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Last Updated: Saturday, 19 July, 2003, 14:00 GMT 15:00 UK
Two worlds collide as village mourns

By Jackie Storer
BBC News Online political staff

To most people who knew him he was a quiet, gentle man who would always offer a cheery wave and give you the time of day.

Few of his neighbours in the rural Oxfordshire villages where David Kelly lived and liked to ramble were aware that he was "a significant person" - that was until his televised appearance before the Foreign Affairs Select Committee.

The area is known as a beauty spot
Only days later, those same neighbours and friends are reeling from the shock that his body has been found on one of the routes he liked to walk along.

At Westfield, the large Cotswold stone cottage that Dr Kelly shared with his wife Janice in Southmoor, near Faringdon, police now stand guard.

They are accompanied by a group of photographers, lenses pointed towards the gated address in Faringdon Road.

Across the road at the Waggon and Horses pub, the front terrace is filled with reporters speaking hastily in to mobile phones.

Those not in the know, stop and stare, or walk past in wonderment at why this house and least of all this little, one-street village, has suddenly become so newsworthy.

The pub's landlady Lindsey Atkins said Dr Kelly had been a drinker there, but did not want to say much more.

"We just wish the family all the best. We didn't know him well, but he did come in occasionally. He was our neighbour and we smiled at him across the road," she said.

Further along Faringdon Road, Jenny Odwin, said she was "so sad" about Dr Kelly.

Sadness

Coming to the door with her children, she said: "We saw him going about his daily walks. He always had a newspaper under his arm.

He was a man who would show great care and concern for others
Ann Lewis
Neighbour of Dr Kelly
"We just used to say hello. He was very quiet, very polite. It's so sad.

"When you see this happening, it brings a sadness on to you. People have said to me that they didn't know he was such a significant person.

"We never knew what he did. I think the village will all stick together and support the family because it is a small neighbourhood."

And small Southmoor is. Further along Faringdon Road, a main thoroughfare which seems to divide the village, are a few shops - the Log Cabin newsagents, Southmoor Food and Wine and Aquarius hair studio. A public phone and Esso garage add to the amenities.

About 40 minutes walk and only a few miles away is Longworth, an even quieter village reached across the busy A420 road, and where, at Harrowdown Hill, Dr Kelly's body was found.

Incongruous

Its focus is the Blue Boar pub on Cow Lane, which is a pretty road, butted by cottages, some wisteria clad, others with ivy. There are trees, a weeping willow and elderflowers. The scene is tranquil.

Mr Kelly: Well-liked by neighbours
On Friday, press officers from Thames Valley Police led reporters to a vantage point on a bridlepath a few hundred yards away from the copse where the body lay.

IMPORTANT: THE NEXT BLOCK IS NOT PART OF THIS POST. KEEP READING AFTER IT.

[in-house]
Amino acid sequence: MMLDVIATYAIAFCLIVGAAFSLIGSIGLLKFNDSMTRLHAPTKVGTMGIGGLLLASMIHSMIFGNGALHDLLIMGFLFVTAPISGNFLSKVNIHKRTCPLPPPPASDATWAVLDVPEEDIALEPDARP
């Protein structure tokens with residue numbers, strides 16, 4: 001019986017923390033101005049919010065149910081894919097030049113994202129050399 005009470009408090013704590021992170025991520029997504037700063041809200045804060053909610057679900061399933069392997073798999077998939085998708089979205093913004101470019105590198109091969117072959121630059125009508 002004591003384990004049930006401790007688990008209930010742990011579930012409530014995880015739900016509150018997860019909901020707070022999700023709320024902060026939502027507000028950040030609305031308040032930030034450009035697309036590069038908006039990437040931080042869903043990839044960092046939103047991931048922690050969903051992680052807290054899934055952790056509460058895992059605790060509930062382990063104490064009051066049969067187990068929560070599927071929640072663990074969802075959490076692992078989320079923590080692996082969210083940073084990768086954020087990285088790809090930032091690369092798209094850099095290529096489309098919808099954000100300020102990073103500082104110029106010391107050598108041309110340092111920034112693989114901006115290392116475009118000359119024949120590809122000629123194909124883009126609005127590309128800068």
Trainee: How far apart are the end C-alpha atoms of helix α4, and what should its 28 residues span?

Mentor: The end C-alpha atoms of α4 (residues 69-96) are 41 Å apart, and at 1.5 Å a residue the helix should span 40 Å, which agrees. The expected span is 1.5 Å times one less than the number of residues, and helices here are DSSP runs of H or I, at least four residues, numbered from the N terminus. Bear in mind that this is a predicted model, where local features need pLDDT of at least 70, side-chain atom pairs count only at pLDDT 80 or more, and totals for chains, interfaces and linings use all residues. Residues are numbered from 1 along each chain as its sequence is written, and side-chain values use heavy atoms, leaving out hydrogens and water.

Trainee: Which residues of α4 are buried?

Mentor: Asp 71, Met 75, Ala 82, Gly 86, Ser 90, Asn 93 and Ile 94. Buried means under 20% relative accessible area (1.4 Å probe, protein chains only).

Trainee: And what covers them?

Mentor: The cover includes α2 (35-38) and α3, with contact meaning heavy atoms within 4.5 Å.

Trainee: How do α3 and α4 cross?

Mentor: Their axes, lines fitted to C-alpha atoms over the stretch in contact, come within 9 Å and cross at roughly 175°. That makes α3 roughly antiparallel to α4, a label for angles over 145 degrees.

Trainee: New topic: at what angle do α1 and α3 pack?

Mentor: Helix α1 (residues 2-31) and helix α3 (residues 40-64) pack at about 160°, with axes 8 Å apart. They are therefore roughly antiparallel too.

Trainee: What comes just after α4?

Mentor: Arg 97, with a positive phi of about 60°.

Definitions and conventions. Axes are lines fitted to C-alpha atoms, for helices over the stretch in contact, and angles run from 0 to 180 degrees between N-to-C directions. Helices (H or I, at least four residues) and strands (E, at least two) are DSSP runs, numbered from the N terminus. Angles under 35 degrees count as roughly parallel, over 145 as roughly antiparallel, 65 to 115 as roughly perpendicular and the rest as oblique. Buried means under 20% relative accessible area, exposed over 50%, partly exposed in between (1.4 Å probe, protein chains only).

The arrival of suited journalists, a satellite truck and all the high-tech paraphernalia of the working hack, looked incongruous in the countryside.

Police officers in their green fluorescent jackets could be seen dotted around adjacent fields. A police helicopter hovered overhead as we looked at the tree-lined bridleway which led to Dr Kelly's final resting place.

The intermittent drizzle stopped as we arrived. Two jets passed through the grey skies above, probably en route to the Fairford Air Show in Gloucestershire.

A 34-year-old local man, who did not want to be named, said the copse was very thick with no footpath and was used for hunting pheasant with dogs.

Devastated

"It's a little bit eerie in there. It is really thick and brambly and it's not somewhere I'd walk out to.

Police are on duty at Dr Kelly's home
"The field right by it was cut only yesterday."

Back at the Blue Boar, Ann Lewis, Dr Kelly's neighbour, stood at the bar and said: "I'm devastated frankly, particularly because they were such a close family, a lovely family.

"He was a quiet man. He always enquired about my daughter and my family. He was a man who would show great care and concern for others.

"We were neighbours in the village and we would chat quite often and talk about life.

"Obviously it is a tragedy for his family whatever the circumstances.

'Quiet chap'

"People will feel a great sadness. He didn't speak about his business. He never discussed his work."

It is just very sad really because he was a very well-liked chap
Craig Foster
Craig Foster, 36, the Blue Boar's landlord, said he knew Dr Kelly as a quiet man who occasionally visited for a drink.

"He was a very quiet chap. He used to walk around here quite a lot. He has been in here with his wife and family.

"It's tragic news. It is just very sad really because he was a very well-liked chap."

It is a sentiment shared, it seems, by most people he met.


WATCH AND LISTEN
The BBC's Margaret Gilmore in Oxfordshire
"He was a family man often seen out with his three daughters"



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